Kyoto was so charming for me also from one more reason – I was visiting Japan in winter and Kyoto was covered with a tiny layer of snow. It looked like from a fairy tale; I have to admit it was a bit muddy and slippery, but still delightful! 🙂
There are two main religions in Japan (Shinto and Buddhism) that coexist together and complement each other.
Buddhism was introduced in Japan in the 6th century, but Shinto is the indigenous faith of the Japanese people. At the beginning, there were many conflicts between both religions. These days, it doesn’t seem to be a problem any longer; what’s more, some ceremonies (e.g., weddings) are often held in Shinto style, the others (e.g., funerals) in Buddhist style.
Apparently, Shinto is more popular in Japan. However, it looks to me like Shinto and Buddhism are “mixed” and people don’t really follow any of these two religious, but rather “follow the traditions”.
Kimono (literally a thing to wear) is a traditional Japanese outfit, for women and men.
Kimono is rather a very formal clothing for special occasions, so you won’t see Japanese people wearing it everyday.
I was lucky to be in Japan during holidays, when many Japanese were wearing kimono. It was also great to observe weddings with all of these beautiful, traditional clothes. Moreover, I met a person fascinated with a Japanese culture who let us try kimono on; of course without her help I wouldn’t be able to “tied” it correctly (it’s like an art…).
I heard, there are also stores that offer renting a kimono, dressing you up with all make-up; I guess it also can be funny.
Sakura is the name of a Japanese cherry blossom. Of course, beautiful spring flowers can be seen in many places around the world, but in Japan, watching them, painting, etc., it’s part of the culture.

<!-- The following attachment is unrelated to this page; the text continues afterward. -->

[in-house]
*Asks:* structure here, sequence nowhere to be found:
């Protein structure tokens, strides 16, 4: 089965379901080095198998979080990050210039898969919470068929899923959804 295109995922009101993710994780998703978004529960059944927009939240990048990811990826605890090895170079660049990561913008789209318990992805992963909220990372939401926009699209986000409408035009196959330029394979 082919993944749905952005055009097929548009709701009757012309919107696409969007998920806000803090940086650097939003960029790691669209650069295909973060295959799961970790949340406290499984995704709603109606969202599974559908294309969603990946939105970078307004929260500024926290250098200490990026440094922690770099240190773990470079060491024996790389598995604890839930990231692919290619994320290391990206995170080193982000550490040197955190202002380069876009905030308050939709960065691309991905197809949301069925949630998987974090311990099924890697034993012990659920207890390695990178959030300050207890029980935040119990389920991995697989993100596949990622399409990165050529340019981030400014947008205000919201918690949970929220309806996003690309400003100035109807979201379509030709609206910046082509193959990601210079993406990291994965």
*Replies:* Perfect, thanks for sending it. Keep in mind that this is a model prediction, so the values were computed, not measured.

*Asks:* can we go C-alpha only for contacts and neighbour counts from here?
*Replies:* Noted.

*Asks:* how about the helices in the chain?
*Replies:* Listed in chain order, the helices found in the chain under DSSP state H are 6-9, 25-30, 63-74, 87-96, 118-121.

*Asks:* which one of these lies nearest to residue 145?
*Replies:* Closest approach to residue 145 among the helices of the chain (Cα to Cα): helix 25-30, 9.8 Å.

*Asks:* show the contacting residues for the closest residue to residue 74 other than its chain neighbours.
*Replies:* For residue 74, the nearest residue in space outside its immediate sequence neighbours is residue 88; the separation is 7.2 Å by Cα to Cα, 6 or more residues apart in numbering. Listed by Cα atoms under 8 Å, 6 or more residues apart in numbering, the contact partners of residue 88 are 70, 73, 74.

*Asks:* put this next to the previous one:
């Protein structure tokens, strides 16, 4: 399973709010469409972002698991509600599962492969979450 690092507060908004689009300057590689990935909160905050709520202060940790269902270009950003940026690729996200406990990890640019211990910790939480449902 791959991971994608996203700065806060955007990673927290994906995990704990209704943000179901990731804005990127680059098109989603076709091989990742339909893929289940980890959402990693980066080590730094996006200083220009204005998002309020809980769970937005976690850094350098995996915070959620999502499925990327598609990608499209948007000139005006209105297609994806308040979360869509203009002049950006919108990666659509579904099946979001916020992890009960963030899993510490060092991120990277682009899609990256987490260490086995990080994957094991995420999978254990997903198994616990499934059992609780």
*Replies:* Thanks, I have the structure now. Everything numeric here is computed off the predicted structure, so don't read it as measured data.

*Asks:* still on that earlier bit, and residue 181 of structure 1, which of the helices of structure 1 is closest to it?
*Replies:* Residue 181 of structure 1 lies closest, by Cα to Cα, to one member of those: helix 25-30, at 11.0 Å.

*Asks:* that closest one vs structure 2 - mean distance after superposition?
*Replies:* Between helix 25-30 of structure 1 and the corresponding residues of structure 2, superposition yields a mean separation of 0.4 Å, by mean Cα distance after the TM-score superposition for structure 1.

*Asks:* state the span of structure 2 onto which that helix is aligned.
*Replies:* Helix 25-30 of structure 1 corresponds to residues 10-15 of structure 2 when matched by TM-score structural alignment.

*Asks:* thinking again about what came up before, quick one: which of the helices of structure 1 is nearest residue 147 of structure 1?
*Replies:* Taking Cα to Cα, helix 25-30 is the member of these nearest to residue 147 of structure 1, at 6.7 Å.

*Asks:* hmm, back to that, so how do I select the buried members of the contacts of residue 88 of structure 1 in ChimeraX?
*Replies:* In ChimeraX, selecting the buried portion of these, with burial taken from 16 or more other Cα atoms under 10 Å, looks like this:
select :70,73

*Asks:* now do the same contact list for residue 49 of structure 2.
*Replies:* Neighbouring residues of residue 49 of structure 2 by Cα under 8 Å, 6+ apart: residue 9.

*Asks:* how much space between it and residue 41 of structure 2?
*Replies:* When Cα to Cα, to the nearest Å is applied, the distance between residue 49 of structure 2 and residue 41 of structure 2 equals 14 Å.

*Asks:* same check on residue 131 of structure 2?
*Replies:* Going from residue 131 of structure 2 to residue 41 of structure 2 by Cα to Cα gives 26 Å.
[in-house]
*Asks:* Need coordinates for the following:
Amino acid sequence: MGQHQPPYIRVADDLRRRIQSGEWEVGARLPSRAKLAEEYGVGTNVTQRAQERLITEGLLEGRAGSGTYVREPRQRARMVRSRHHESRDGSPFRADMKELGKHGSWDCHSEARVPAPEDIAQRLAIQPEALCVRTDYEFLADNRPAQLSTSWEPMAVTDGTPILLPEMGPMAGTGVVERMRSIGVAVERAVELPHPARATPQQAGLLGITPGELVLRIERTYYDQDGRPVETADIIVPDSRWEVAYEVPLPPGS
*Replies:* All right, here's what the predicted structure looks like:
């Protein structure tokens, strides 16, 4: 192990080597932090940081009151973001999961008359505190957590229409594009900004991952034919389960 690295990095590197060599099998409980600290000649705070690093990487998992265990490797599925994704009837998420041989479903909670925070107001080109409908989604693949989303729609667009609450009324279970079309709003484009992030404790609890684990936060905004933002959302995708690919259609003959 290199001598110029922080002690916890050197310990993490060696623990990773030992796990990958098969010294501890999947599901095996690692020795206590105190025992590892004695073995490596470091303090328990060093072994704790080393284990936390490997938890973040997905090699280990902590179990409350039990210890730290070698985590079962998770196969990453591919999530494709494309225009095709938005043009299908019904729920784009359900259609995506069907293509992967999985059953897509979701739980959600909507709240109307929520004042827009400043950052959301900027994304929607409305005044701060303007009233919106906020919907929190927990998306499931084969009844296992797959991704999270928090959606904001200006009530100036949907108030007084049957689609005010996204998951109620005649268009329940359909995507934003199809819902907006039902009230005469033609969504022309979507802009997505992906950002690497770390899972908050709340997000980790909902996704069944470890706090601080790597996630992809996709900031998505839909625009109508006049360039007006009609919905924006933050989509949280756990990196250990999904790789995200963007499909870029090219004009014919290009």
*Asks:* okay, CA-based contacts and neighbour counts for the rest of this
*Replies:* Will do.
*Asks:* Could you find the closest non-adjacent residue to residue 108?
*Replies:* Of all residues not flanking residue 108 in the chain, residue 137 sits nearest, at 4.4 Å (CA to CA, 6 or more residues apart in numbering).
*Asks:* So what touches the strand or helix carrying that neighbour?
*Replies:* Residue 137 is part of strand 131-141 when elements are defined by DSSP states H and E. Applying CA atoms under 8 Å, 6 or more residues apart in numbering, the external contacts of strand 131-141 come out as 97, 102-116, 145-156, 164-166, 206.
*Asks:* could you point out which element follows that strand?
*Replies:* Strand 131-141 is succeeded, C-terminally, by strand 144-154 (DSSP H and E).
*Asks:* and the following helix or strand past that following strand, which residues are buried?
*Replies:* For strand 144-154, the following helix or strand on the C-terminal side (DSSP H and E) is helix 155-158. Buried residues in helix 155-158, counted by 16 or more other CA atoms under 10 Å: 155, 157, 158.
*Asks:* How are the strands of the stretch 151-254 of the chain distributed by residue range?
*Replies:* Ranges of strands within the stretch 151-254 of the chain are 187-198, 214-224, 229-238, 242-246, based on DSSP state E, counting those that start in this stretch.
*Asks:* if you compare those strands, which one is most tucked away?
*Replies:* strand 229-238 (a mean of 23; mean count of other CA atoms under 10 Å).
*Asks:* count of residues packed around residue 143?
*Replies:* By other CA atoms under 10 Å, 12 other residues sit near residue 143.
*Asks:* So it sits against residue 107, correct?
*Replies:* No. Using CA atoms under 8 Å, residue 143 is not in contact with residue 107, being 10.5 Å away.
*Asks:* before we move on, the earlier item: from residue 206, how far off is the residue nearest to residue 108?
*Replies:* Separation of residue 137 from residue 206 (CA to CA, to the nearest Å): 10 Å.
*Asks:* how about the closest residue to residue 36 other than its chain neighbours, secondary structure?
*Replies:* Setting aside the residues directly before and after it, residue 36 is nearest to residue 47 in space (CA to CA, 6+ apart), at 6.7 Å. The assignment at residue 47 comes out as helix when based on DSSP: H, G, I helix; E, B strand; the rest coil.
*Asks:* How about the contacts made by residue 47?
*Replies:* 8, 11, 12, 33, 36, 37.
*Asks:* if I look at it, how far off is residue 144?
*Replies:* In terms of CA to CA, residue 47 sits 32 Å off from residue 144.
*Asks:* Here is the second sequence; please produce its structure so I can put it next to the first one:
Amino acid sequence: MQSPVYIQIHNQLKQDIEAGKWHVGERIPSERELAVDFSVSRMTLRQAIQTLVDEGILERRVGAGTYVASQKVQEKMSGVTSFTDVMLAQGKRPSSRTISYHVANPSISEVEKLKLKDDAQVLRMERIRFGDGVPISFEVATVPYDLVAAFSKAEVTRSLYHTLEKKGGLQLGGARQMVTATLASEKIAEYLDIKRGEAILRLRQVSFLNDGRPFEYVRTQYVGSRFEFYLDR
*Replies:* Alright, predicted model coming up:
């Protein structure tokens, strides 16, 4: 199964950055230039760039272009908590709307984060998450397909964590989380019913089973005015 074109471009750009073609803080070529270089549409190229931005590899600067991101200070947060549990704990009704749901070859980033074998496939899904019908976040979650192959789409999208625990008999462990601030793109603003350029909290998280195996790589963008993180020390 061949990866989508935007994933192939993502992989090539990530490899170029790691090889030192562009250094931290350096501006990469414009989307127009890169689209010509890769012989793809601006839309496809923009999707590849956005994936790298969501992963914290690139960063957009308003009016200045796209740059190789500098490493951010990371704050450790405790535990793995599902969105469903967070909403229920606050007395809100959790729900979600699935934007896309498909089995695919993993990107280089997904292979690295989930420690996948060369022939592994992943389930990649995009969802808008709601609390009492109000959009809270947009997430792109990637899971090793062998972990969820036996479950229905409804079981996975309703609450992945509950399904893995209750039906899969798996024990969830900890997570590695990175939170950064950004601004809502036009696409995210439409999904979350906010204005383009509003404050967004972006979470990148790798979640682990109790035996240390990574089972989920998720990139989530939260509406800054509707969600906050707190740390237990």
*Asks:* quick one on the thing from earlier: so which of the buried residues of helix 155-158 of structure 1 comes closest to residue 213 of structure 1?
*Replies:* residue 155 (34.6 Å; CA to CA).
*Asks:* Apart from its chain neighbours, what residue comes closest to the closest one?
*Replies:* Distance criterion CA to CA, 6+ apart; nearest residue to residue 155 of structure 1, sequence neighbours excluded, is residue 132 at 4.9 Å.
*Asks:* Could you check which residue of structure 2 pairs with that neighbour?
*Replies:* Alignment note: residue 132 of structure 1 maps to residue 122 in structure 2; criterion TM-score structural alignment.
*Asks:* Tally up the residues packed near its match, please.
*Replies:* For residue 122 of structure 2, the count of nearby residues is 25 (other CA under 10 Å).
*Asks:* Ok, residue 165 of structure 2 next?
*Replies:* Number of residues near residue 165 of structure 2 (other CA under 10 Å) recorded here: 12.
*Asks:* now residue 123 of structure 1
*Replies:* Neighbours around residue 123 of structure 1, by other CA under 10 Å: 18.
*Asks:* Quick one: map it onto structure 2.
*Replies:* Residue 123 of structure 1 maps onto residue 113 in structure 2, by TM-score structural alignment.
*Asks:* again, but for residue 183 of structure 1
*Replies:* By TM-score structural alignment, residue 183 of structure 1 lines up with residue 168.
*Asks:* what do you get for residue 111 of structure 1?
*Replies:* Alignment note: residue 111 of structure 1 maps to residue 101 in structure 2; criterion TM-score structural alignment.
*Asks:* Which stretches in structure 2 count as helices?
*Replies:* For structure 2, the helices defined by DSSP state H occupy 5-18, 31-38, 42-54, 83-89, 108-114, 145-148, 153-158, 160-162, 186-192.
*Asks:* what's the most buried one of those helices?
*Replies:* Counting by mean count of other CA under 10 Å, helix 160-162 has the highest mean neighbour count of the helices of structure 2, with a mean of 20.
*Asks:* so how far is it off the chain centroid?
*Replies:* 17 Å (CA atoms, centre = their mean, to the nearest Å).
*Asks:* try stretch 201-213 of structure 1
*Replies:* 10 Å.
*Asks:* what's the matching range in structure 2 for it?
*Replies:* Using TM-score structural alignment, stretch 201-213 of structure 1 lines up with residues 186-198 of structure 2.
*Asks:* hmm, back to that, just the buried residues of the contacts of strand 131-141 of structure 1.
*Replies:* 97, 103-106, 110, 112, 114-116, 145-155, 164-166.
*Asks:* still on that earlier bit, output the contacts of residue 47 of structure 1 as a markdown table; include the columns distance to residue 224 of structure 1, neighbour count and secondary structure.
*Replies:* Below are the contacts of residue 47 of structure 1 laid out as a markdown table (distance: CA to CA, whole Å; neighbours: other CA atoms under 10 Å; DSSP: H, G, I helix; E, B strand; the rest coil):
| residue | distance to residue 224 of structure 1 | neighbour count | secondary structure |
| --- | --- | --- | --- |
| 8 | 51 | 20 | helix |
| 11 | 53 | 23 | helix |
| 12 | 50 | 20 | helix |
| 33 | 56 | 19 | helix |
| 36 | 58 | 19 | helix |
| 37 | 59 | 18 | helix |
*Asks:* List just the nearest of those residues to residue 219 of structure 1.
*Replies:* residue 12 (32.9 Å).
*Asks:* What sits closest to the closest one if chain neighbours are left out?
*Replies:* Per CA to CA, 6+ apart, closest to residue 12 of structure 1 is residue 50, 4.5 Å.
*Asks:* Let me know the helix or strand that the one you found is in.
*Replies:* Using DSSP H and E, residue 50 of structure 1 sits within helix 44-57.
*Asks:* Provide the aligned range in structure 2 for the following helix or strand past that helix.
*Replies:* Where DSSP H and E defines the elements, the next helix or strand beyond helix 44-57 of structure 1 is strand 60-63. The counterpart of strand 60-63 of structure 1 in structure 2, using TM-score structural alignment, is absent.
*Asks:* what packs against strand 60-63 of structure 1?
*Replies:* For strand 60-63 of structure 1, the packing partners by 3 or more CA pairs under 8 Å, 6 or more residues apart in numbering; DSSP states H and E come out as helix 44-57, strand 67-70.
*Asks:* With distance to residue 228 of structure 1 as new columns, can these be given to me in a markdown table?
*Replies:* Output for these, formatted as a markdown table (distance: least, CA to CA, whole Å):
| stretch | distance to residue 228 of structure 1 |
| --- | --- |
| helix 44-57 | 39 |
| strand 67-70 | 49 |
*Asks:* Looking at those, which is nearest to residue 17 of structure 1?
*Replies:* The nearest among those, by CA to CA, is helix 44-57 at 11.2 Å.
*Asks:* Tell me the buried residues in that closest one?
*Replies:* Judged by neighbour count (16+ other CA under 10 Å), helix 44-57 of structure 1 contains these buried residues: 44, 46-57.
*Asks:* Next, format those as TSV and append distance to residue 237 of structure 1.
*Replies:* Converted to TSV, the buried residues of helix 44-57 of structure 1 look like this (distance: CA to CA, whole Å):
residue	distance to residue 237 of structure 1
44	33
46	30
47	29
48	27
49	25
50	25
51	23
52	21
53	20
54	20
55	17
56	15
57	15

The most spectacular trees you’ll see somewhere in March, however, even in December it’s possible to spot cherry blossom (depending on the region).
I was visiting Japan in winter and still had a chance to see “a few” flowers in different cities. Today’s picture was taken in Himeji, close to the great castle.
Japan is a modern and high tech country. However, the tradition (in total) still plays an important role in everyday life (at least it’s my impression…). What’s more, in fancy cities there are always nice parks and gardens, so people have places to relax and enjoy nature while still being in a city.
Today’s picture was taken nearby the Okayama Castle, but easily could be taken in any other Japanese town. I think it’s very important (and positive) to keep “a small piece of nature” in cities. 🙂
Miyajima is the name usually used while referring to this small island. However, its official name is Itsukushima.
Besides the beautiful giant torii gate you can find there many cute deer. 😉 And many other attractions. Of course, while being in Itsukushima island you should also visit the Itsukushima Shrine, a UNESCO World Heritage Site. And simply take a walk exploring this small romantic island. 🙂
In Hiroshima you can also see places not connected with the war. One of them is Hiroshima Castle (Hiroshima-jō). Well, the 16th century castle was actually destroyed by the atomic bomb, but it was reconstructed in 1958; and today it looks very beautiful.